Now I went back in and started adding the finer details. Color to the eyes and lips. I put in her eyebrows and better defined the shape of her nose and lips. I'm still using the two brush technique (one with paint, one with only water) but in some places I'm now leaving harder lines on one side and only blending away from the line. In the image to the right you can see where I've gone in and added even more definition to the lips and eyes. I also scrubbed out some of the darker lines in the chin and palm and added blue in the shadows of the flesh. I also went back into the hair to add deeper and darker shadows so it would fall behind the ear and neck, and to make the yellow highlights really pop.

Now, in all honesty, I probably should have been working on the background and developing it as I did the foreground...that was how I was taught in school, but *shrugs* I didn't. On the left you'll see I painted in my flower petals using reds with shadows of blue. You might also notice the small grey dots around the petals. They are made of a foul smelling substance that I believe is called masking fluid. It started as a liquid and I used a fine tiped pallet knife to drip the dots onto the clayboard. The masking fluid then dried to a rubbery substance that protected the surface under it from paint.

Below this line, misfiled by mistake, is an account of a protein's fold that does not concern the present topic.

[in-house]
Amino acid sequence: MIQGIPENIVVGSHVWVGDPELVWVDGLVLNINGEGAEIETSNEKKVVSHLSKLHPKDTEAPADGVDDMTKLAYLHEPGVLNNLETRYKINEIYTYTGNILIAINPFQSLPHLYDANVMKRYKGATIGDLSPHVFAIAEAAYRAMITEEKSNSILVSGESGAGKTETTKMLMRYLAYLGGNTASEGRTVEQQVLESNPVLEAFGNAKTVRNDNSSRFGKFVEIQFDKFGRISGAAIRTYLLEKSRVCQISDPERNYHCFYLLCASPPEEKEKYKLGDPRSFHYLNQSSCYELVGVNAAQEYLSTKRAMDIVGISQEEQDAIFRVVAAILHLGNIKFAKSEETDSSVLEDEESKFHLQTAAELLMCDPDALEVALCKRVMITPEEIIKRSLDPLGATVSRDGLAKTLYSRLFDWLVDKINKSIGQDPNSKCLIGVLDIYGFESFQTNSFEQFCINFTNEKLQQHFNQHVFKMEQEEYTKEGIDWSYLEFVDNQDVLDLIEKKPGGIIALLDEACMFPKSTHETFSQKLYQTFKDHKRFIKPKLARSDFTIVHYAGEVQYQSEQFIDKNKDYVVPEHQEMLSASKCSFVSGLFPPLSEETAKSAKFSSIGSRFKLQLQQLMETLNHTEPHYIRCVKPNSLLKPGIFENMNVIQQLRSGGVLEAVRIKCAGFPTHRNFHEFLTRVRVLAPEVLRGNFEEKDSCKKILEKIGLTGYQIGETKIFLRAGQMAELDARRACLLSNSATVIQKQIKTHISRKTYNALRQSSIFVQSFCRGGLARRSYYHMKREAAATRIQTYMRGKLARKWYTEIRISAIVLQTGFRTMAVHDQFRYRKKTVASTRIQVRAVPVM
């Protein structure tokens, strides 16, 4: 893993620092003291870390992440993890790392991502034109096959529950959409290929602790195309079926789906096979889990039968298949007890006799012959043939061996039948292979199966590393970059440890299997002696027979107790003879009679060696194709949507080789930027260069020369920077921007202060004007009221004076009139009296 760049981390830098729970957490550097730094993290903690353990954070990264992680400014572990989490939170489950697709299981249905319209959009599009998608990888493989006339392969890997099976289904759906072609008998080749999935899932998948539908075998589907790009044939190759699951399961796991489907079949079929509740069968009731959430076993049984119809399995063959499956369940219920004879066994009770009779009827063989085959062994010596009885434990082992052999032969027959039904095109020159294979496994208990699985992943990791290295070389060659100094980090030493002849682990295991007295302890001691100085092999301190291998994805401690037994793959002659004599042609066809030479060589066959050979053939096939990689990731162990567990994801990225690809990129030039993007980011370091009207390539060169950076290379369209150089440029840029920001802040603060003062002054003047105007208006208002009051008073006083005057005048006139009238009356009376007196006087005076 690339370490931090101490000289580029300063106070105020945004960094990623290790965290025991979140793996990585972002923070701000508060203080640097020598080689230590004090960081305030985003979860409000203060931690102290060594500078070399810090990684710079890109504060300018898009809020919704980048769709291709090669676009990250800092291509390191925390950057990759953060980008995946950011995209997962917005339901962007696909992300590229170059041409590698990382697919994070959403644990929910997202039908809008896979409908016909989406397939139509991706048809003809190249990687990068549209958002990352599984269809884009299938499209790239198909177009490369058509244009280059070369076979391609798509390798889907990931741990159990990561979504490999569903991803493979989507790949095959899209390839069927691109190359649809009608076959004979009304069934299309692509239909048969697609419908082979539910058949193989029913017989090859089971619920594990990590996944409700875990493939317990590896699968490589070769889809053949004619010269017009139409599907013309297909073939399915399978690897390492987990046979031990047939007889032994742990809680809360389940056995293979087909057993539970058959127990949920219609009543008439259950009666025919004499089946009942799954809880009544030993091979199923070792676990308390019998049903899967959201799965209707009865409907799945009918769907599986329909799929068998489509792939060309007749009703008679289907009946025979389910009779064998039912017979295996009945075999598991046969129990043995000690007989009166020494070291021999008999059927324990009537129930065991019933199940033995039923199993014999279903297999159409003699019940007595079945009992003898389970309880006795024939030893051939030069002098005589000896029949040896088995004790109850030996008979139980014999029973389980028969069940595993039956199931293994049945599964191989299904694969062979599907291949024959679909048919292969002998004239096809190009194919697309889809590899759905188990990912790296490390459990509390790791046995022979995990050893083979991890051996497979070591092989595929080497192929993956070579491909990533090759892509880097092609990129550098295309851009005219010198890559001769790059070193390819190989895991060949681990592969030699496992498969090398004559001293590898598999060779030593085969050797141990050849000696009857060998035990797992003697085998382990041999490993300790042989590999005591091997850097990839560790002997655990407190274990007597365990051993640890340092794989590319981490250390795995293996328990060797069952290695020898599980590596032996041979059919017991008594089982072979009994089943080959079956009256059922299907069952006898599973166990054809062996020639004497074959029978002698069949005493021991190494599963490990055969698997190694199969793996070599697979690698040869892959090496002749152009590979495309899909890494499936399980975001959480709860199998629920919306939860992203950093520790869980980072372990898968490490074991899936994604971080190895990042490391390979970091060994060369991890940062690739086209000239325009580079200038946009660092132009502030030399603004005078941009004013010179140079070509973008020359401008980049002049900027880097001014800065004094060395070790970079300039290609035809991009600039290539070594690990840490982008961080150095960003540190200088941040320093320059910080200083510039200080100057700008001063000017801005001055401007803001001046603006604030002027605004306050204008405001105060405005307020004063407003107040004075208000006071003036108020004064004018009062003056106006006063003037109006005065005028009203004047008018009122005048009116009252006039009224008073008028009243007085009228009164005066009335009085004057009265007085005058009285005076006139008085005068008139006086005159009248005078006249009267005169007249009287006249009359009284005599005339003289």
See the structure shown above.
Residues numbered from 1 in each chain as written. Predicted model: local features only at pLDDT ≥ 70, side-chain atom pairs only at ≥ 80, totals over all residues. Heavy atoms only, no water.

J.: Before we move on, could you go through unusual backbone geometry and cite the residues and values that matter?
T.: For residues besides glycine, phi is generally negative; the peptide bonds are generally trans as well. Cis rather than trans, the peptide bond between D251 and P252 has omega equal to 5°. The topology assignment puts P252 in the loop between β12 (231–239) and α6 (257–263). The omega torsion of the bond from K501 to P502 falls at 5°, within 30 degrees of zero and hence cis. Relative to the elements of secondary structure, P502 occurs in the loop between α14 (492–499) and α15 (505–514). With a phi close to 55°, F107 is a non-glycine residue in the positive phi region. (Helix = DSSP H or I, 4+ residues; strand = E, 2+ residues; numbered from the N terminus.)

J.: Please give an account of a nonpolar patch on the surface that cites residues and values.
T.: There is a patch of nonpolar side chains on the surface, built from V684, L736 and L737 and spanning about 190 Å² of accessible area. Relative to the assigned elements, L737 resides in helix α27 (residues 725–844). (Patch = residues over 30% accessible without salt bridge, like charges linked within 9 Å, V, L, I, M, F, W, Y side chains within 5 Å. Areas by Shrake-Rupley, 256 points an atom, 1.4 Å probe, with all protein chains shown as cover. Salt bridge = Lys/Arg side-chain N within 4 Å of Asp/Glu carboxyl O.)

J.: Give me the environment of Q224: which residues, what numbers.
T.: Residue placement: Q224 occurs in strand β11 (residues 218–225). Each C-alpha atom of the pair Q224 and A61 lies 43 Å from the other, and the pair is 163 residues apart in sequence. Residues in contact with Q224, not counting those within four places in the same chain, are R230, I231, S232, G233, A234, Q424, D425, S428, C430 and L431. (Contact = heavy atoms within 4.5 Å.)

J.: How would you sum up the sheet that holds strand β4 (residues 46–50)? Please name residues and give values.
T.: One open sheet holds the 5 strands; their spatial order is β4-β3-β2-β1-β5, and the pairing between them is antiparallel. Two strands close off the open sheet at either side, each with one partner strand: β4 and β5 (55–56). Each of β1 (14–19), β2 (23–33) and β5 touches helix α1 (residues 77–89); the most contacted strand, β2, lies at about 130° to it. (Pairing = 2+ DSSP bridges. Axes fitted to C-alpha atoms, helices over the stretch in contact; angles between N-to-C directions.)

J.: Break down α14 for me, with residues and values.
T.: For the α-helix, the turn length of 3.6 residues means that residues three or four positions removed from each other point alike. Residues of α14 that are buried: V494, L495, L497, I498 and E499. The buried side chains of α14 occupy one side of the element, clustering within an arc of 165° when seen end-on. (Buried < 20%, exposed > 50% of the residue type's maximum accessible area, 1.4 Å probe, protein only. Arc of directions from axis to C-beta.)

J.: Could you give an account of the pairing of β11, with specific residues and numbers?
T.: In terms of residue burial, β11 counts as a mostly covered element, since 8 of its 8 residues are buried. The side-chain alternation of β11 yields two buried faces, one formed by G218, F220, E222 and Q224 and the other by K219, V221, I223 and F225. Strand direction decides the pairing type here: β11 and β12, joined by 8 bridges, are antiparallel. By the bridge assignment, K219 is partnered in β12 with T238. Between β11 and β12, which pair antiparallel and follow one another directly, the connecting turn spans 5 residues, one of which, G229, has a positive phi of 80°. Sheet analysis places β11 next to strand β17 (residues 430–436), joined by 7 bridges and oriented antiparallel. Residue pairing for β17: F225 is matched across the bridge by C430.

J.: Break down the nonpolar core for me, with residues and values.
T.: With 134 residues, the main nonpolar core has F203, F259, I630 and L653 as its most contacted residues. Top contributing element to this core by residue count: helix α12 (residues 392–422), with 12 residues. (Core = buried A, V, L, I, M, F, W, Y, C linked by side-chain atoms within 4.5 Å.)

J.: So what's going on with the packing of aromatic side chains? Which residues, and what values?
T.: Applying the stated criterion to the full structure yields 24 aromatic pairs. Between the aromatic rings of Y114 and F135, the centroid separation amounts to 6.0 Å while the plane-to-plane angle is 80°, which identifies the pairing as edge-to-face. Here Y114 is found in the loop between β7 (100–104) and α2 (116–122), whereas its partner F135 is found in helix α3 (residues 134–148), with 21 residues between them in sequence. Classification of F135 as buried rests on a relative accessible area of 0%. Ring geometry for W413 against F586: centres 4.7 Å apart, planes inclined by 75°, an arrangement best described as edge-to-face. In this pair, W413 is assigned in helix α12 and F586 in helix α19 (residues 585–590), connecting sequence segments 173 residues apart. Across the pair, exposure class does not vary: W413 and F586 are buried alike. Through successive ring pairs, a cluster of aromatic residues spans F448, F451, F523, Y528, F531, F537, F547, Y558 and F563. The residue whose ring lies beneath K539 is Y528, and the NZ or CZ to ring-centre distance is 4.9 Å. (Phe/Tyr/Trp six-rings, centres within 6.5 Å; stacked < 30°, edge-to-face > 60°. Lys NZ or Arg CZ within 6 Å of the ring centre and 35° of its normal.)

With the flowers and the figure painted, all that was left was the 'empty' background. Using a large flat brush full of clean water, I wet the background and then dropped color on it. The main color is blue (as you can probably tell) but it was pounded into my head that you never leave more than a few inches without a color changes, so if you pay attention, you might notice greens and purples in the mix as well. (this isn't actually a random hodpodge mix: using color theory, the areas with more green and blue (cool colors) move backward and the areas with reds and yellows (warm colors) move forward.) a high concentration of yellow s also added above the palm of her hand and around the flowers. I also rubbed away the masking fluid, revealing clean white clayboard beneath it. I added a bit of yellow to the white dots, so they would blend in a little but still glow. A little bit of the blue crawled up onto the skin and I had to scrub it alway best I could. Then I scanned it into the computer so the details would show up clearer than in the photographs. The color is also closer to true in the scan. (though the lower arm isn't quite so orange in the painting)